Years after marrying and moving away, and years after my father died, I moved back to the old family homestead. I worked in the garden, remembering those long ago days when Dad and I planted vegetables together. I followed in his footsteps as I mowed the lawn or searched for wild asparagus along the roadsides. Often just at dusk, when the fireflies began to twinkle and the last of the light was fading, I thought I could hear him calling me to come in. His presence was just a memory but it is a memory that pervades the very fiber of my being.

Sunday, April 06, 2014

Close Enough

Sunset over the pond.

There's no need for me to wait until I die to be in heaven - I have it all here right in my own backyard. Not that I really believe in heaven (or hell) as actual places, but I do think that we make our own little bit of the idea of heaven with our beliefs about life. I read that somewhere, and it made sense to me, the notion that we create our future heaven by living in a way that makes us most happy right now. When I asked an old friend what he thought happened to us when we died he answered, "I think we stay right here," and that thought made me feel good, too. Heaven to me would be living right here and just as I am.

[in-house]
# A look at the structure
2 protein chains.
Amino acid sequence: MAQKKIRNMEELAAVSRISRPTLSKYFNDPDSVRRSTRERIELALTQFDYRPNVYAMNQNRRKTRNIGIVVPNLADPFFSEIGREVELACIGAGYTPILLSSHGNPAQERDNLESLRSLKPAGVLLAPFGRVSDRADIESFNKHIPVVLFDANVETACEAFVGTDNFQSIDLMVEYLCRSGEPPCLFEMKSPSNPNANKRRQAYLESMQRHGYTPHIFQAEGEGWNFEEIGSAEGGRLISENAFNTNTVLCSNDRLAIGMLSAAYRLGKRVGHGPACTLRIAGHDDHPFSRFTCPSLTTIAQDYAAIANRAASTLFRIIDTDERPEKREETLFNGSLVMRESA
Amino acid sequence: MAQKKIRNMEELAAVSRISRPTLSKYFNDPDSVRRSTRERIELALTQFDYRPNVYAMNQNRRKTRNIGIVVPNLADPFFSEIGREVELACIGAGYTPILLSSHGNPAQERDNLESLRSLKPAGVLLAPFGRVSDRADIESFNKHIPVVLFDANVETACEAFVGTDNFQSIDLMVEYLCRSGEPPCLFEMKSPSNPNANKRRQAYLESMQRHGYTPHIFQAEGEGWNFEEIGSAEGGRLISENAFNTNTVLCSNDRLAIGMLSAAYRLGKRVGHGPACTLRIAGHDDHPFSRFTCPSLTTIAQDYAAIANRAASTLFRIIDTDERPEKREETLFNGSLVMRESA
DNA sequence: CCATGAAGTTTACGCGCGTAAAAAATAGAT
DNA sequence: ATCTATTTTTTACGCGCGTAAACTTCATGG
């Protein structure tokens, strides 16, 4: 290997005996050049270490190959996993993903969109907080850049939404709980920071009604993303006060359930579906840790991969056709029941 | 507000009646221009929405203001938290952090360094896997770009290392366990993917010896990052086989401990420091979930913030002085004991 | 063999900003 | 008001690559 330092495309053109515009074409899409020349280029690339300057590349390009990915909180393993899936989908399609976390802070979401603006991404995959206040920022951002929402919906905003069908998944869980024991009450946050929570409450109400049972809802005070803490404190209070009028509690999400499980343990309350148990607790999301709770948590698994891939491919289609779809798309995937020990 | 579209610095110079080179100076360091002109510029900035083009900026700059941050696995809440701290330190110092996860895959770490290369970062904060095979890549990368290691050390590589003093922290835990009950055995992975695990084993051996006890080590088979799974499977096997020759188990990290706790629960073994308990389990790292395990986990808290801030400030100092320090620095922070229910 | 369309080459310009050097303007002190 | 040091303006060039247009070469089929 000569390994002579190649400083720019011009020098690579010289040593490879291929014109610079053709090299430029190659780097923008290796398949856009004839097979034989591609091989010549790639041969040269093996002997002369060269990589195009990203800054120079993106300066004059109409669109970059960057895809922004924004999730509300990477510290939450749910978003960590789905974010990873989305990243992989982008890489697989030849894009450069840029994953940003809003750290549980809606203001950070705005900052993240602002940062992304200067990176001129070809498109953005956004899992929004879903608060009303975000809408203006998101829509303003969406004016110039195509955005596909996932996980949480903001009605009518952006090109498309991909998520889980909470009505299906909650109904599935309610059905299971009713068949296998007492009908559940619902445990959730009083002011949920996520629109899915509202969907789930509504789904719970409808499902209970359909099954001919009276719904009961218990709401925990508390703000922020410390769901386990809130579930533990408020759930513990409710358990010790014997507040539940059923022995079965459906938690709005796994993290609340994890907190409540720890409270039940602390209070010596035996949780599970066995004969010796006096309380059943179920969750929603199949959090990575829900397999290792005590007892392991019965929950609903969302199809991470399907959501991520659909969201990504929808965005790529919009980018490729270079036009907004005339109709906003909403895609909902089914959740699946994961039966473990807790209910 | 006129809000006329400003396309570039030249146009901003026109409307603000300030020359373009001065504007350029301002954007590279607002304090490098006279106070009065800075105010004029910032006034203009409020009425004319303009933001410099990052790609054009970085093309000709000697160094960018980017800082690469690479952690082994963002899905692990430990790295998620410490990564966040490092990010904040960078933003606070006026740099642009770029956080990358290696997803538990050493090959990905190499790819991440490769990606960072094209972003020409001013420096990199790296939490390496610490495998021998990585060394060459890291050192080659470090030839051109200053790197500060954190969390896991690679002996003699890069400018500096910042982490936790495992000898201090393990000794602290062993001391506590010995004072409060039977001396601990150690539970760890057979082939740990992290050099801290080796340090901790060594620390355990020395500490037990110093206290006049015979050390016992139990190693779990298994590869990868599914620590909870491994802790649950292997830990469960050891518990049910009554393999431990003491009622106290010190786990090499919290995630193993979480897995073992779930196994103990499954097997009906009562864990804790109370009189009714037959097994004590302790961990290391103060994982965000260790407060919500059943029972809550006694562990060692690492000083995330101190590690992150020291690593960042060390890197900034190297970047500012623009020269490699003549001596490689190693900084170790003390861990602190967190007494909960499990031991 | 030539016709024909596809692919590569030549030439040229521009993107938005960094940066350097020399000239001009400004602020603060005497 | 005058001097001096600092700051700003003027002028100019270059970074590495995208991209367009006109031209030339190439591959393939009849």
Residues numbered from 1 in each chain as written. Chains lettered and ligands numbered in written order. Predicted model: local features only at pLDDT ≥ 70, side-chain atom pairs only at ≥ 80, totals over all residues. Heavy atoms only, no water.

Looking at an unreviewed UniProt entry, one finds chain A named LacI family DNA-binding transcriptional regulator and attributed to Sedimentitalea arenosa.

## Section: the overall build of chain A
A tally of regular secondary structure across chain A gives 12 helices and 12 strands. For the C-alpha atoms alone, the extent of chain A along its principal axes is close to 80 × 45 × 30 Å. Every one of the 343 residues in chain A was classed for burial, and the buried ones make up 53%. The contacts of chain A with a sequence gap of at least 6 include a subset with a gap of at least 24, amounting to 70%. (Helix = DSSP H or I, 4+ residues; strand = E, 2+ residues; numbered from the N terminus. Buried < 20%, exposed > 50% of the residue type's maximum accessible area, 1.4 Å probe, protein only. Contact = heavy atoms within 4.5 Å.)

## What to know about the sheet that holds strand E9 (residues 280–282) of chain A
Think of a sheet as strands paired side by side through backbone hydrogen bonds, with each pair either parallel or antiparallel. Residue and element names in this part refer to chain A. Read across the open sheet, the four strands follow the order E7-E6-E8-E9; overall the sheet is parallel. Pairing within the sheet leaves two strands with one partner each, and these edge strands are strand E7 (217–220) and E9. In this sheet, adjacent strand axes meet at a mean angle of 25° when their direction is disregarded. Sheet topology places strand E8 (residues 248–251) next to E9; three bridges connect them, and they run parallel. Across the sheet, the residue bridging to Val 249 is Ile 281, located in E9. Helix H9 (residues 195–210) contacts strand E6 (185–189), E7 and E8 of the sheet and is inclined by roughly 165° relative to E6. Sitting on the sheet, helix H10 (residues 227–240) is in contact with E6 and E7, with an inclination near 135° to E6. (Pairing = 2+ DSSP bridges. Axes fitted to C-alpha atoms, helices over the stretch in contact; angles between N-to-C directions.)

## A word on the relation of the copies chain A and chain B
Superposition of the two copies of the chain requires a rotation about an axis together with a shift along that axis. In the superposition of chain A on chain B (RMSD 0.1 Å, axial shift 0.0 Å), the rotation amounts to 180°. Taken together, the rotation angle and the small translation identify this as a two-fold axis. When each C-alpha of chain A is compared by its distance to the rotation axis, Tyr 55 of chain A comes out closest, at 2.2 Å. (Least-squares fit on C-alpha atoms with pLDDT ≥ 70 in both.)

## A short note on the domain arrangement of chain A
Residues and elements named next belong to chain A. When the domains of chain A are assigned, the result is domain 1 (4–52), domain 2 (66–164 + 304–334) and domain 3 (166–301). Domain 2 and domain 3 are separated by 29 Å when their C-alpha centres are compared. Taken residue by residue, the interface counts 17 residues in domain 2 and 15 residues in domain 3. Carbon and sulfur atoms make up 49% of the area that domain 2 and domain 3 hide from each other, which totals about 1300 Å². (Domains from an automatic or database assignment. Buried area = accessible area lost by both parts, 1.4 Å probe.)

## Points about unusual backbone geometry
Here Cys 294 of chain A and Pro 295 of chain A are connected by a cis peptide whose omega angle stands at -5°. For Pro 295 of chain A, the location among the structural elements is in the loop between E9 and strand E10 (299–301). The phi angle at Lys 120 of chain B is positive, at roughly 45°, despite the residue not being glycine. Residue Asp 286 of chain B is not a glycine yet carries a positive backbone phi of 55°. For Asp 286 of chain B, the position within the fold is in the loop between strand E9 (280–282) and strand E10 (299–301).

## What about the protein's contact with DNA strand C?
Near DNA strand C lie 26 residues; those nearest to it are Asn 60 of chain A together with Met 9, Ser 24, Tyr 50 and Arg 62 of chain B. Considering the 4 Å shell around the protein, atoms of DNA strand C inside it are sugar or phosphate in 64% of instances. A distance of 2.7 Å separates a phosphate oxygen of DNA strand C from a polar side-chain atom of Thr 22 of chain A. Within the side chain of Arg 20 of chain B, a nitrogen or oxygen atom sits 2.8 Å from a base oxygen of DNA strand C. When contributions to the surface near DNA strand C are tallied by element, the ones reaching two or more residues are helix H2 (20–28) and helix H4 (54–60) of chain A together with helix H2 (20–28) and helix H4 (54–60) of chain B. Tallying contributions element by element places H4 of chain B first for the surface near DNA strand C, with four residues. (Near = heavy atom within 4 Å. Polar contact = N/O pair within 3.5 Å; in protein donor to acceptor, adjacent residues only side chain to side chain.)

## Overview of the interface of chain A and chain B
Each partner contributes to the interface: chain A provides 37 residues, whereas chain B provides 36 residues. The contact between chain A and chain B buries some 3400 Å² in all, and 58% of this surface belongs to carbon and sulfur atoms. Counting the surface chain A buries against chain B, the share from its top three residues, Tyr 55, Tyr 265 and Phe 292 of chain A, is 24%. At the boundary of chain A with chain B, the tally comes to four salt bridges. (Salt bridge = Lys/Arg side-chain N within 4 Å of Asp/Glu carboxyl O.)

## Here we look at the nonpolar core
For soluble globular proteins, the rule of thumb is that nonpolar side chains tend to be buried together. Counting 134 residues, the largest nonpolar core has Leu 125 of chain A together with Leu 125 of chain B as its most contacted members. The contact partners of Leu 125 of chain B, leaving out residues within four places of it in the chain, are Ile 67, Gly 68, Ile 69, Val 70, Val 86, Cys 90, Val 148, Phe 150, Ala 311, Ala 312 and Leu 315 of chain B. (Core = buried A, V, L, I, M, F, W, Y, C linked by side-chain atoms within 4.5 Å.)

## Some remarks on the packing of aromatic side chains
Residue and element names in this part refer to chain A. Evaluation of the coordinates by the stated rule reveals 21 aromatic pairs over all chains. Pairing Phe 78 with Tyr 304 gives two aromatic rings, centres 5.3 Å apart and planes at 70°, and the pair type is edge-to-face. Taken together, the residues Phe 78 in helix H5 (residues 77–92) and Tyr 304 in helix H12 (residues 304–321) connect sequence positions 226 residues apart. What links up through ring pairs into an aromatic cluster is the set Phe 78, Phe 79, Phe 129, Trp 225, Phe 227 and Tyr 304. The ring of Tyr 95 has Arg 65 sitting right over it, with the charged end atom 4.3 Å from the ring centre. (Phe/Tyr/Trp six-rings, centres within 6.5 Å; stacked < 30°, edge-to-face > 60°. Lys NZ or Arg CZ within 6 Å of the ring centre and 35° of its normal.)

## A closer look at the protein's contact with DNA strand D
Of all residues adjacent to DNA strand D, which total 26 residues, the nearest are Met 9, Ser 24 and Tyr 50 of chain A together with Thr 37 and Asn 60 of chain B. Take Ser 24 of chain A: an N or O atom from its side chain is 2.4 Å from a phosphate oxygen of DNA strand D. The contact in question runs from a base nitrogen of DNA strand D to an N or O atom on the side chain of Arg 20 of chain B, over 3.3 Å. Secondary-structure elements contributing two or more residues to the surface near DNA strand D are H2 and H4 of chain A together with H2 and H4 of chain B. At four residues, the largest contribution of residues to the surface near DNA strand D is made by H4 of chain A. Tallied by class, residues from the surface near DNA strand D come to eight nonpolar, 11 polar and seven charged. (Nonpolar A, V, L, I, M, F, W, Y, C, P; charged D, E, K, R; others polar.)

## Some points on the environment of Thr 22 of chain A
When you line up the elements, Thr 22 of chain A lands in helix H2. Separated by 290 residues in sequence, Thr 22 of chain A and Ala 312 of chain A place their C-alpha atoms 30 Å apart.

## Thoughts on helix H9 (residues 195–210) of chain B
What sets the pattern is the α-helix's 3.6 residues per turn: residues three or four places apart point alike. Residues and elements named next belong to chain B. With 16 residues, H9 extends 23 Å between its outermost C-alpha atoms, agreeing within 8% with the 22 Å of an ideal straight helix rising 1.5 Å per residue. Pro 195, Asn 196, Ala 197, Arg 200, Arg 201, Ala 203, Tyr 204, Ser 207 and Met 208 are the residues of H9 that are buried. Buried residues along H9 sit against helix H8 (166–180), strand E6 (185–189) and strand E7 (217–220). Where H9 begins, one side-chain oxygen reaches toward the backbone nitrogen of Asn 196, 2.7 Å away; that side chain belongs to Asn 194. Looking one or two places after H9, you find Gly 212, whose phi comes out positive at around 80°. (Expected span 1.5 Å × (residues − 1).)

Today the sun shone down from a bright, cloudless sky that was skim milk blue along the horizon and crayon blue up above. The wind was mild, the air warm. I sat on my outdoor swing with a book (unread) and a mug of tea (unsipped) and watched a bevy of robins mine the just-greening lawn for worms. Overhead a skein of geese unravelled as it neared the pond, bird after bird setting down in a flurry of feathers and a good deal of splashing.

In the garden boxes last year's herbs - oregano, garlic and chives - have poked through the soil and rhubarb shoots are reaching for the light. All along the cottage foundation the daffodils, iris and hyacinth are holding their leaves tall and straight. Snowdrops bloom in profusion and here and there a crocus has opened to show off its Easter colors. The air smells of damp, sweet earth.

From the farm next door the rooster and several hens wander into my yard, stirring the earth in the empty garden boxes and scratching under leaf mold for bugs. Two guinea hens follow them making a racket, stretching their necks as they run back and forth from one side of the lawn to the other. The laundry flaps in the wind, the sheets snapping smartly.

I just sit and watch and listen and sniff, letting thoughts run through my head without snagging any of them for analysis. It's enough to let the world wash over me. Right here, right now, is close enough to heaven for me.